His new album, Straight To Hell, is the first I've ever heard that straddles the hallowed ground between Bill Monroe and Mötörhead, between "Blue Moon of Kentucky" and "Ace of Spades." At some point late in your first run through the record, it will hit you that you haven't once heard a distorted guitar. The album is so punk-rock in attitude and execution, the tempos so headlong, that you are sure that at some point somebody plugged a Gibson into a cheap fuzz pedal. But that never actually happened. Instead, Williams' band chases his rough whine of a voice with keening country fiddle, a driving tick-tack beat, plenty of tasty Martin and Telecaster guitars, and a nice helping of steel guitar and Dobro just like all those old country albums I grew up on. The playing is raucous but clean - as fiery and precise as anything I've heard, and they can raise a storm without needing over-driven amplifiers.
Straight To Hell, starts off with about thirty seconds of a scratchy, plaintive country-gospel ballad called "Satan Is Real," which quickly degenerates into basso-profundo laughter (presumably from the dark lord himself) as the band kick into the real album opener, a honky-tonk barnburner called "Straight to Hell." That's not just a name - it really is the theme of the album. Like Hank Williams Sr., Jerry Lee Lewis, and Little Richard before him, Hank III is one of those artists who sing about a life of pills, whiskey and madness but constantly lament that all this fun means they will burn forever in hell. This tension between gleeful dissipation and crushing depression is what gives Straight To Hell its kick. On the title song, Williams tears into lines about "looking for trouble" with the same fury as he sings the chorus, "I'm going straight to hell, ain't nothing slowing me down / I'm going straight to hell, so you just better get me one more round."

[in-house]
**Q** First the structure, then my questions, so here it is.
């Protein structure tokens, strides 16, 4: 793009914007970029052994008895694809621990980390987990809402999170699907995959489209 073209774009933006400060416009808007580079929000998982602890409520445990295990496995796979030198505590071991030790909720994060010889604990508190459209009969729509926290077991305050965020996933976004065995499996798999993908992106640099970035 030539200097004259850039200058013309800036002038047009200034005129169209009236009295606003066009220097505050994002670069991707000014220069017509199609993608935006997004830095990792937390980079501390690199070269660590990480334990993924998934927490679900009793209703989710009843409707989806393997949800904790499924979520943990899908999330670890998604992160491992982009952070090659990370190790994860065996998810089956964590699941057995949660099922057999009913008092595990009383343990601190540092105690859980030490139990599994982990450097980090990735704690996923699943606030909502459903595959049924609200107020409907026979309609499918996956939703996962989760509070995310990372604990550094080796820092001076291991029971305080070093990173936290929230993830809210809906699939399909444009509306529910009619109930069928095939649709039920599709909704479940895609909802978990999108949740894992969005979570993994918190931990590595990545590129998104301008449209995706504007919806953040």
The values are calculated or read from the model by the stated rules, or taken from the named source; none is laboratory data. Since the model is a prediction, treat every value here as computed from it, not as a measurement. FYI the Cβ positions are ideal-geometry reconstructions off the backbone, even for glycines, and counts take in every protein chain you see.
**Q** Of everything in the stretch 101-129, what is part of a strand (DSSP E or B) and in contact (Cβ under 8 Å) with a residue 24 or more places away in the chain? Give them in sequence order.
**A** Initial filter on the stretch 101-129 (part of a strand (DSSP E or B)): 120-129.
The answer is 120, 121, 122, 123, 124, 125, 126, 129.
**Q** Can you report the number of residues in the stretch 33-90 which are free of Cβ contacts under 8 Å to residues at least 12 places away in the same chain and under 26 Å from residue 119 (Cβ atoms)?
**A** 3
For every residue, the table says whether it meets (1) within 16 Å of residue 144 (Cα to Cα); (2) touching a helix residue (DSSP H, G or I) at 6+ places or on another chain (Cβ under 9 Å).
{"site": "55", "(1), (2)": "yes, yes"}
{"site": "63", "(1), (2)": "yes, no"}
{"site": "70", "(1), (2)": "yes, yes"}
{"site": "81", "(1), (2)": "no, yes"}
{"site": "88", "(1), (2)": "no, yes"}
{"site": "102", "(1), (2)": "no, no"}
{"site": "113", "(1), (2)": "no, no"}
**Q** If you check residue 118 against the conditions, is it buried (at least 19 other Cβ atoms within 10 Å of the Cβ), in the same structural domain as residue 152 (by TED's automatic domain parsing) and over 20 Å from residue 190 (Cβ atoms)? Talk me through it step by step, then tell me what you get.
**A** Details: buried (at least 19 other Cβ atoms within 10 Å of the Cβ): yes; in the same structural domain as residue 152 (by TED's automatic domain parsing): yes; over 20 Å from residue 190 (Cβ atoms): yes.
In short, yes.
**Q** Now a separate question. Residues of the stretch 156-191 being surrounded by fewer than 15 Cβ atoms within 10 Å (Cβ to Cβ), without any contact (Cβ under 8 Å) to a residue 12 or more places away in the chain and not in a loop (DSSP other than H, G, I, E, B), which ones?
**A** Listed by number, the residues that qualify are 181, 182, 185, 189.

Since this is an old-school country record, and since Hank Williams III is maybe a tad too eager to take after his forebears, better than half of the songs on the album hoe this same row. "Pills I Took" is a wide-eyed story of destruction and mayhem, and it's not perfectly clear whether Williams' narrator (Williams?) is more proud or ashamed about the blood on the carpet and the broken mirrors. "Thrown Out of the Bar" gives a shout-out to country maverick David Alan Coe and is the first of about half a dozen songs on the album that take predictable but well deserved swipes at the neutered shiny 'stars' who pass for country music royalty today. But more than that, "Thrown Out of the Bar" is just another of ten or so excellent songs about the joys and perils of excess. Whether the joys or the perils are the point, well, I guess that's your call.